Triptych [Triptych]

Jones, R.Gerallt



Blow-by-blow terminal cancer narratives are strangely compelling. The subtitle of this novel, ‘A portrait, in three parts, of Everyman, 1977’, reminds us that death comes to all, and reinforces the uneasy conviction that we ghoulishly enjoy reading of someone else’s inevitable journey to the grave. In this instance, the descent seems more dramatic because forty-year-old John Bowen has devoted his life to physical activity. A former international rugby player turned college lecturer in physical education, with a nice little sideline as a radio and



television commentator, this classic macho Welshman is peculiarly unprepared for the bad news ineptly delivered by an embarrassed doctor. His first reaction is anger at his fate, and it is anger which seems to sustain him throughout his remaining months of life. His feelings are charted in this tripartite narrative, supposedly his diary, where we follow the progress of his determined but useless battle, from initial shock, to an attempt to live with the situation, to final decline and death in hospital.

The physical details of symptoms and treatment are very few, though enough to raise a shudder at the inadequacies of pain control for the terminally ill in the 1970s. But this gives Bowen’s experience a more universal relevance, for the central theme is a man’s hopeless struggle against death itself rather than a specific case of cancer. For those of us allergic to all forms of sport, this is a saving grace: the rugby is there only to underline the contrast between the before and after of Bowen’s life. The narrative of his struggle with his condition is interwoven with reminiscences, where I catch a subtext of sly social criticism. He has followed the classic path of many Welshmen of his generation — a rural background left behind in favour of college, then marriage to an equally upwardly-mobile miner’s daughter from the south, and the gradual shift into membership of the then newish Welsh-speaking Cardiff bourgeoisie of teachers and media people. When he naïvely returns to lick his wounds in the countryside he realises too late a further loss: that in their flight to the city he and his contemporaries have helped to destroy the very communities which they had once been glad to leave. Everything of his old life slips from his grasp and he even becomes more and more detached from his wife and family. His horizons dwindle until his world is reduced to his hospital bed. Death, Geralt Jones reminds us in this absorbing narrative of inevitability, makes self-pitying, if sometimes heroic, egotists of us all, whilst revealing, too late, the banal pointlessness of much our lives.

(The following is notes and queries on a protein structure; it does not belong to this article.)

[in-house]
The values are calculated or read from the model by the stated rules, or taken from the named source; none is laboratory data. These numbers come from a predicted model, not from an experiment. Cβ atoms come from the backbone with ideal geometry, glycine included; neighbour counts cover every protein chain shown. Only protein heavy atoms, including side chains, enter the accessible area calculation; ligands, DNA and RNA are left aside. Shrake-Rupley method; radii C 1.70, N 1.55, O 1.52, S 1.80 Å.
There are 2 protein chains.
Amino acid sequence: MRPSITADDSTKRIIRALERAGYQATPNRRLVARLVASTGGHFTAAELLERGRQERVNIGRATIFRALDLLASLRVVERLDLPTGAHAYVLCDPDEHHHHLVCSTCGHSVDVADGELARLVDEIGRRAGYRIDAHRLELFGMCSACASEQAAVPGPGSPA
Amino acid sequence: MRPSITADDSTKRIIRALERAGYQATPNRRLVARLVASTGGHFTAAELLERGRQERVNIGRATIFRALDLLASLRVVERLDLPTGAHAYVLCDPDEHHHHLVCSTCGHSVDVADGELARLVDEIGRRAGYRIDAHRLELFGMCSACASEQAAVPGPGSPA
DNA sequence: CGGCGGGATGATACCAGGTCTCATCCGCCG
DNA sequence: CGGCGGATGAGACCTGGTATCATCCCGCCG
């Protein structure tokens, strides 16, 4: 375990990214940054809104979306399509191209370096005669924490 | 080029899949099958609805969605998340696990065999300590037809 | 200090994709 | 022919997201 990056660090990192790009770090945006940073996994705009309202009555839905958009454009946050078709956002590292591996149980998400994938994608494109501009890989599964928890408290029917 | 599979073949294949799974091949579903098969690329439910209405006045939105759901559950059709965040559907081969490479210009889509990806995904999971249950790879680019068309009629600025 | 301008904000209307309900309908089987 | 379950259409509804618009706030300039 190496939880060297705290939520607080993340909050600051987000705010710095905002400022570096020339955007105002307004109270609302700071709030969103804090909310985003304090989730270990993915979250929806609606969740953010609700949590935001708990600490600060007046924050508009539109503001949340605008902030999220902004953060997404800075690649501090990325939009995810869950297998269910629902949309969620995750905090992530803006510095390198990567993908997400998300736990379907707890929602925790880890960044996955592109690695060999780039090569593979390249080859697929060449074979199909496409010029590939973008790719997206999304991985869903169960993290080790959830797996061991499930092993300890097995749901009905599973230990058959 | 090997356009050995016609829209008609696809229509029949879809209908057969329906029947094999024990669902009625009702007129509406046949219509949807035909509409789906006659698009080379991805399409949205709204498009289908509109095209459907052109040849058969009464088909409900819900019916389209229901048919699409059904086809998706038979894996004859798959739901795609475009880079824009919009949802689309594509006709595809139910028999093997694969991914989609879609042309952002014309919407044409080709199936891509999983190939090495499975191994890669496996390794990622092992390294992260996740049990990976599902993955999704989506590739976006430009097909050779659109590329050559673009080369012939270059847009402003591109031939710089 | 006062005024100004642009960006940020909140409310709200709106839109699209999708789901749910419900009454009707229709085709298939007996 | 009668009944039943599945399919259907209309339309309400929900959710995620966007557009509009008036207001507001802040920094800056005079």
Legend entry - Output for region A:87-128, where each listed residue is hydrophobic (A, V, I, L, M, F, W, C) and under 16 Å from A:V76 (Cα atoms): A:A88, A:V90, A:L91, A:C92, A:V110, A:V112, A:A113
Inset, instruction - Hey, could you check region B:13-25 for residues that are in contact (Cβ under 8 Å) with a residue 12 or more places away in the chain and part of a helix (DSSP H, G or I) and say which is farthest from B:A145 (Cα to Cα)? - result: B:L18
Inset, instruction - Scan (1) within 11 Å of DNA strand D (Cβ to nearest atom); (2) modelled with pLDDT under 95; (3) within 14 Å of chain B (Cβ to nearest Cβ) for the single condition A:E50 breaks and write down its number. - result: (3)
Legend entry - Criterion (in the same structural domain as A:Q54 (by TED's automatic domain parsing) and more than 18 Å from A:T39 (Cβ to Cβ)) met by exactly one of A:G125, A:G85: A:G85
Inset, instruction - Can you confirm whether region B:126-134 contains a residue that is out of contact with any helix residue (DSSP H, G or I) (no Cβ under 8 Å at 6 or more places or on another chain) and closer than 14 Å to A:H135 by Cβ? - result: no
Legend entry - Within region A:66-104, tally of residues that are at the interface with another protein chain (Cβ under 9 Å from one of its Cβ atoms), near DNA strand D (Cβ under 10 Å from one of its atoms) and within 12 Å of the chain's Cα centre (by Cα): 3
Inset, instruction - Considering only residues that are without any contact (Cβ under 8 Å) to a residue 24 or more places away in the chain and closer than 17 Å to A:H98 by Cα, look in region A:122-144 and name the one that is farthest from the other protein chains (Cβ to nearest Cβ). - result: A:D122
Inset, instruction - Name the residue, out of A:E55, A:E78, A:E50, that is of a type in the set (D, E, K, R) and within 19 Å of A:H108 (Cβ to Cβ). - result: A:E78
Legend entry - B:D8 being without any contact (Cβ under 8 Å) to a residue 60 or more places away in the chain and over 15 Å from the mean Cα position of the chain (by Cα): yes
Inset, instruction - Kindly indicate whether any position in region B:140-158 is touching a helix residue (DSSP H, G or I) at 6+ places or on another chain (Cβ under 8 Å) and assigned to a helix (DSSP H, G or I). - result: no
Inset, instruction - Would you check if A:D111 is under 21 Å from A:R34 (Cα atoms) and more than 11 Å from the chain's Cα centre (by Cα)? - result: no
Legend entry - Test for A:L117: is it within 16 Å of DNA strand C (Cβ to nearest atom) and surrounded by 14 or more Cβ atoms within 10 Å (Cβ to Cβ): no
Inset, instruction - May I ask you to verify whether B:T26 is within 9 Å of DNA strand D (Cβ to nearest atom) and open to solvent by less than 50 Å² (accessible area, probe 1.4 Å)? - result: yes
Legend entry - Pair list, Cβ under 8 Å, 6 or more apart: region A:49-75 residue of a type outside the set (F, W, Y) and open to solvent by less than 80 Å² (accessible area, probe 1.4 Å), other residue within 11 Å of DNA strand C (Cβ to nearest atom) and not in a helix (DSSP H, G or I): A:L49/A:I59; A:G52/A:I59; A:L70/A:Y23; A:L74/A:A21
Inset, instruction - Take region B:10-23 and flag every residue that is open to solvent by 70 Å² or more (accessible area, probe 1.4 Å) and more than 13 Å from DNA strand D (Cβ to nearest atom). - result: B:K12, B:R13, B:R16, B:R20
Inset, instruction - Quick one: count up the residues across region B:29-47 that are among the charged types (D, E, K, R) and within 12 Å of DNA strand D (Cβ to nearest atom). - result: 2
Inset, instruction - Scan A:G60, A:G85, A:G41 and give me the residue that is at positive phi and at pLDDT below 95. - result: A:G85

But the most chilling aspect of this narrative for me is the distance between Bowen and his wife, Sal, and not only because dying is essentially a solitary experience. Flaws in his relationship with Sal are evident from the moment he receives the death sentence from his doctor and decides not to tell her, whilst she herself — seen from his perspective at least — seems extraordinarily blind to his changed behaviour. Rather than bringing a new closeness, pain and death make his relationship with her and the children increasingly irrelevant to him, so the chance for any true understanding is lost for ever. CL-M



Sample


Oh, I know. I shouldn’t be cynical about people’s motives. But I’m going to point out, nevertheless, that some of Sal’s friends, some of those sharp, pointed women who ran the discussion groups and social service clubs, paid more attention to my existence in one week than they had previously done in eighteen



years. And you can see it ticking away behind their eyes. ‘John Bowen is dying of cancer’. Curiosity. Pity. It was an interesting, awe-inspiring, fearful fact breaking into the monotony of life. Well, death certainly did that. I don’t know what they said to Sal, but a kind of funeral parlour hush descended on the house every time one of them called. The rest of the time, there was even more noise than usual. I think the kids were going out of their way to show that everything was normal, that the shadow of sickness wasn’t going to get us down. It was one way of saying that we were — us, the family — impregnable. The place sometimes seemed to be bubbling over with laughter and practical jokes. It was a pretty exhausting business, I must admit, but it was a week during which I felt full of a mad happiness, hedged around by their concerted challenge to fate, during those periods when we were left to ourselves.
114–116